Next, how did you follow up? Continuing the above example, you could say something along the lines of, “After talking to him, I went home and looked into the finance industry, read up numerous websites and talked to some more people who are in the industry”. You have to show that you proactively followed up on your interest, and no, merely applying on all finance jobs on does not count.

And finally, the conclusion – the path that led you to the interview. “I came across a vacancy in your organization and upon going through the job description, I realised that this is exactly what I had been looking for”.

Of course, the above are only examples and you should go ahead with your own reasons. If you honestly have a spark other than money, capitalize on it. Interviewers love honest answers – after all the generic answers they usually hear in a day, an interesting story can make them prick their ears. There’s nothing that screams “dishonest AND boring” than an answer like, “I want to learn a lot and want a challenge”. Such answers will only make the interviewer wonder why you don’t just join a Mandarin class.

So get your story down – now. Keep it short and keep it simple – all of the above should ideally take less than 2 minutes. It may sound impossible to do right now, but it is possible and unavoidable. The best way to start would be to write it down and filter and refine until you are down to an acceptable time. Practice telling your story in front of the mirror. Yes, I know it’s a huge cliche in India and every one of you must have heard it from your teachers but hardly any of us actually did it. But this is not a debating competition. It’s your life (and yeah, let’s face it, a lot of money is at stake as well).

DCF, WACC, LBO and the alphabet soup
In the developed markets, the general consensus is that acing the technical components is not enough. Between a modeling rockstar with no people skills and a guy with great stories but average modeling skills, the latter would get picked every time. But here we Indians are in luck. The finance industry in India is so small and so undeveloped that if you demonstrate excellent technical skills, you have a great chance at cracking the interviews as long as you can frame coherent sentences.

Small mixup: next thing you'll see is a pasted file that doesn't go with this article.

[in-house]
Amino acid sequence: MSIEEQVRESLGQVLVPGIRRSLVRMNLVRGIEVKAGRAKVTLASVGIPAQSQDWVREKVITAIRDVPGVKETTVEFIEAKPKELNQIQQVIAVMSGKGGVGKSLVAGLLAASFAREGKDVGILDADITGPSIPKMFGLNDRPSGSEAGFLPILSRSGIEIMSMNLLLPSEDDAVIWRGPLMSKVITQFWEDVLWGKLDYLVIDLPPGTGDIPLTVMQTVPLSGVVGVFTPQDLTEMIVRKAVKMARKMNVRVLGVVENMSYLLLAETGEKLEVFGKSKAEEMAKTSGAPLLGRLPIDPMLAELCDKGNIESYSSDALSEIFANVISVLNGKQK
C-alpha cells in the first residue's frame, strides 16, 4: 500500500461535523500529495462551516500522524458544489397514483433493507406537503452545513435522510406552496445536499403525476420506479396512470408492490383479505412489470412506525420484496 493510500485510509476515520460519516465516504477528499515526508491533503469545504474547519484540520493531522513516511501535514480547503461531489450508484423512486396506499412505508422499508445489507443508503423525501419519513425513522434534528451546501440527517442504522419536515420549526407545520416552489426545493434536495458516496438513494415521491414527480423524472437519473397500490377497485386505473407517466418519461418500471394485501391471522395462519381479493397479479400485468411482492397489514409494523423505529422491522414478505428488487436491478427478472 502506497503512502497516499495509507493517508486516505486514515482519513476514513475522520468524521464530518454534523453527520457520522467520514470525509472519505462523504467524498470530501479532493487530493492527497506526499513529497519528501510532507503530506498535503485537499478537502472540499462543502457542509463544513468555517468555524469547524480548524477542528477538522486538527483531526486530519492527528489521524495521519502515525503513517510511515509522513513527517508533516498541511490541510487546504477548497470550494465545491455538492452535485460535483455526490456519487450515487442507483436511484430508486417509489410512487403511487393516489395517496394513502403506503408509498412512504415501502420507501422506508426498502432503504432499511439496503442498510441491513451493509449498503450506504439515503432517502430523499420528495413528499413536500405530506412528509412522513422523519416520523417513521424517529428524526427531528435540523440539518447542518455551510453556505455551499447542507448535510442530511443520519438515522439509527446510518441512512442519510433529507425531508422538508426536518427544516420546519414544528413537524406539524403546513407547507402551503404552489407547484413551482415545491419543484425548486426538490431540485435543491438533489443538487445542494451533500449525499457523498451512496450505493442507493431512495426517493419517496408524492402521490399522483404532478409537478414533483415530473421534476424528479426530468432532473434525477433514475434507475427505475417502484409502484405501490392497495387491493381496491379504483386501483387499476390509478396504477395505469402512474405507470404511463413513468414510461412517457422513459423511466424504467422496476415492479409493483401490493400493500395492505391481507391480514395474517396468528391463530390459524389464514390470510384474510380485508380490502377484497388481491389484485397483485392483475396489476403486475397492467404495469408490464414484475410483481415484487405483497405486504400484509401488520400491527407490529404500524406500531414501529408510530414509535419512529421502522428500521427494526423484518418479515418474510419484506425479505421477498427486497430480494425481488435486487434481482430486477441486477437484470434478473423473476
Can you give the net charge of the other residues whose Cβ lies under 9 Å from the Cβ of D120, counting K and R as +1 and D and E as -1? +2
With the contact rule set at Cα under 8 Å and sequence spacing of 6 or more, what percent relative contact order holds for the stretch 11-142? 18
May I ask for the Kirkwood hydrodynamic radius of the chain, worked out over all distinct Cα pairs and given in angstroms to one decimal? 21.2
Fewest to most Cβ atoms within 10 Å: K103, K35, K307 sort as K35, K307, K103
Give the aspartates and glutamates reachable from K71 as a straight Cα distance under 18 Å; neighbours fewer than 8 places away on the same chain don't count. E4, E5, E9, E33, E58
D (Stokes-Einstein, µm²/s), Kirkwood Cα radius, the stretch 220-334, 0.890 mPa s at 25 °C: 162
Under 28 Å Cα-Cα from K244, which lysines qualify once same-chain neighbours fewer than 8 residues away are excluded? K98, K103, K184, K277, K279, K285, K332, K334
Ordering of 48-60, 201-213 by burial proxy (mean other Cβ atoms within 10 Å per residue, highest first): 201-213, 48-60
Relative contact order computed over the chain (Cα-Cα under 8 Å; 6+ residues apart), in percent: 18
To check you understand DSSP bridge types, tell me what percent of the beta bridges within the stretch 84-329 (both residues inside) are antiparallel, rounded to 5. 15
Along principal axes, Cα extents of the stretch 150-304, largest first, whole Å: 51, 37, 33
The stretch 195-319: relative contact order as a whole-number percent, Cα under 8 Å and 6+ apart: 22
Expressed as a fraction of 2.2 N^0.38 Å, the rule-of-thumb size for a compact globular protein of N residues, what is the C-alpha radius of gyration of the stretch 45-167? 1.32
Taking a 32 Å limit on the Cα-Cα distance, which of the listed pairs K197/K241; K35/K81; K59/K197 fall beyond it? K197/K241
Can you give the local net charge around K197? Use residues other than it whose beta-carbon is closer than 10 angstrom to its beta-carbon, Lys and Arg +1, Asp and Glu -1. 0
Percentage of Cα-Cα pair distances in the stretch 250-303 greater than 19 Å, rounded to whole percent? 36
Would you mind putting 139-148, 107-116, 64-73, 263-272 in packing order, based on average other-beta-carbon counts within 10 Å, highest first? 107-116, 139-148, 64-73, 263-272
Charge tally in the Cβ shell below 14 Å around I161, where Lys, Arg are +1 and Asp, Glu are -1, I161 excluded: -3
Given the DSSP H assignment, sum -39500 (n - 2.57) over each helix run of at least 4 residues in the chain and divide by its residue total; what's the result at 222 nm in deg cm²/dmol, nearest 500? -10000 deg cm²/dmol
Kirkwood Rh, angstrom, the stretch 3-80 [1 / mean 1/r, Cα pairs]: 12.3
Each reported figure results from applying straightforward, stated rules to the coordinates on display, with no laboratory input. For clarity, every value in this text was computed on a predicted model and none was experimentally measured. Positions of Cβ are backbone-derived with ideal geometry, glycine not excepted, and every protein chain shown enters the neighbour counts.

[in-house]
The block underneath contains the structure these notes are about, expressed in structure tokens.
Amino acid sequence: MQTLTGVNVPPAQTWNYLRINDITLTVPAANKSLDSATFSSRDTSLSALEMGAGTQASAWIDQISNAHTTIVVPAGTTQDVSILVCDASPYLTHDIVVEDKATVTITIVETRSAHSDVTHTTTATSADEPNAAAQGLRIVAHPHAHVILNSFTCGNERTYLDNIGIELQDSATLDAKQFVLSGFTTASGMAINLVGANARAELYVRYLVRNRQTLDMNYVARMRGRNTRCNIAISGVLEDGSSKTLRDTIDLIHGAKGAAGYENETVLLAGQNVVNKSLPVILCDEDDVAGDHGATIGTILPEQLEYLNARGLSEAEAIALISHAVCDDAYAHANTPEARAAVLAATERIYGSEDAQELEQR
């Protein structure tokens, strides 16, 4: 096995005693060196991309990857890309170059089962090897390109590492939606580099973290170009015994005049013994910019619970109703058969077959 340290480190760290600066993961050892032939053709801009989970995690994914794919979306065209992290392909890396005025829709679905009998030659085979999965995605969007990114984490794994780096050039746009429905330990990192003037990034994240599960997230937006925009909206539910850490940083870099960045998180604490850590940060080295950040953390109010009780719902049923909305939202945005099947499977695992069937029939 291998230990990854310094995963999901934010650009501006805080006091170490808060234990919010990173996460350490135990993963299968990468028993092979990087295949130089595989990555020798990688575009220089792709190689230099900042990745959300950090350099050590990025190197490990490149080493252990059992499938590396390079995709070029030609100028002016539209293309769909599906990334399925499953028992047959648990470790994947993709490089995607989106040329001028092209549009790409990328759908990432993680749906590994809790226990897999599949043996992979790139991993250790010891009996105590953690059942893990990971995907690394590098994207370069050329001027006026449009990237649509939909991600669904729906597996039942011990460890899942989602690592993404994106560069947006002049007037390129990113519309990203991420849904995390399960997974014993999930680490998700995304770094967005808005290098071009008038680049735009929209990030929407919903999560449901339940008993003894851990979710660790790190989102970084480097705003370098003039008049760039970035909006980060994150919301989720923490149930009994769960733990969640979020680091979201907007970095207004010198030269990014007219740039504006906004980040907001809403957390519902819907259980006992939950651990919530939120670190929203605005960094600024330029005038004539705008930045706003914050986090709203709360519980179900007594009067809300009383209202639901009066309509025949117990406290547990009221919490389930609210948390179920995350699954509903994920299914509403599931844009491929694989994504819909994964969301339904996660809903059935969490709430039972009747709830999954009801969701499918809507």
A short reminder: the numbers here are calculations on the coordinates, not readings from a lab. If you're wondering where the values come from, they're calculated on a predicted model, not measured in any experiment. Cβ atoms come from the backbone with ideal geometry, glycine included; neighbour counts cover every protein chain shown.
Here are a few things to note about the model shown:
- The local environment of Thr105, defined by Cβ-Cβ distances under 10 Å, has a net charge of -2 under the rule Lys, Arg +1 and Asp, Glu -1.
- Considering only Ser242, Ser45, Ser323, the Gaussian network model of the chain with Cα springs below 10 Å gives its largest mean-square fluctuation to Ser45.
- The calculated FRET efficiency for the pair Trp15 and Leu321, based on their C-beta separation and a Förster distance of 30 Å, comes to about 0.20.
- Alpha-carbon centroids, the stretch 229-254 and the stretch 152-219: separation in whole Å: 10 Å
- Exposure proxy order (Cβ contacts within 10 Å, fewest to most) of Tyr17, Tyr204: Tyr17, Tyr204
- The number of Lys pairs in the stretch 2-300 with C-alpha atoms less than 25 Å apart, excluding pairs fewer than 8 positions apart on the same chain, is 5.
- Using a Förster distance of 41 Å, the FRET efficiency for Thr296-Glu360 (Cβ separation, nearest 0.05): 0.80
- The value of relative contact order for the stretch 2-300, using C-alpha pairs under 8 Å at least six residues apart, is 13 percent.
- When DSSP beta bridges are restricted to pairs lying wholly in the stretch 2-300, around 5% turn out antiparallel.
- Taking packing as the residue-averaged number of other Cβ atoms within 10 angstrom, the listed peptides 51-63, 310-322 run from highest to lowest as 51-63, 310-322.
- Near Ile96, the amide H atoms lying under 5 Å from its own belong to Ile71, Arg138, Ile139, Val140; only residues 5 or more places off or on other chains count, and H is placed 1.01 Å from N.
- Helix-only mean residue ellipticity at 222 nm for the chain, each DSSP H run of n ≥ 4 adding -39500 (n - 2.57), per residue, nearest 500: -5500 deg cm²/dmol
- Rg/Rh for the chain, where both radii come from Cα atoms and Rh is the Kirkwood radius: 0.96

So how can you crack the technical interviews? In this case, I’m afraid there are no shortcuts that either I or anyone else can provide. As with interviews in any other industry, it’s just practice, practice, practice. There’s simply nothing better than knowing the relevant technicals like the back of your hand. Make sure that you have a firm grasp on basic financial management techniques like NPV, IRR, DCF and the rest of the introductory alphabet soup. The same goes for Case Studies and Industry Analysis – just practise like there’s no tomorrow. There’s no dearth of modeling courses online, so just pick one and start practicing. I personally would recommend M&I’s basic financial modeling course, which includes material on case studies also.

Excel monkey test
As far as Excel is concerned, one great way to get a leg up on other candidates is to practice working on Excel with the mouse disconnected. There’s hardly anything in Excel that cannot be done solely by the keyboard, so learn all the shortcuts that you can. It’s a great way to impress people, and even if no one’s looking, you still benefit by being lightning fast at Excel. If you have the time, take a look at macros. Writing macros may not be a piece of cake, but if you’re good at it, you may become as indispensable to the team as anyone can get.

And as for the modeling test itself, keep it simple and keep it clean. In a 1-hour modeling test, you will not be expected to put in all the bells and whistles like multiple scenarios and flexible funding options, so don’t try. Instead, focus on accuracy and clean, clear formatting. But in the longer modeling tests like those of 8-hours, at least multiple scenarios are a must. Again, a reminder – all the bells and whistles in the world are not going to matter if you miscalculate the WACC or mess up a Cash Flow Statement. In other words, make sure you have a rock-steady foundation before you move on to making the excel file look pretty.

With that, we come to the end of another long post. I hope it was time spent well and brought you one step closer to achieving your dream. If you feel there’s something else that should be on here, or if you are facing any problems, feel free to drop a word and I’ll be glad to help!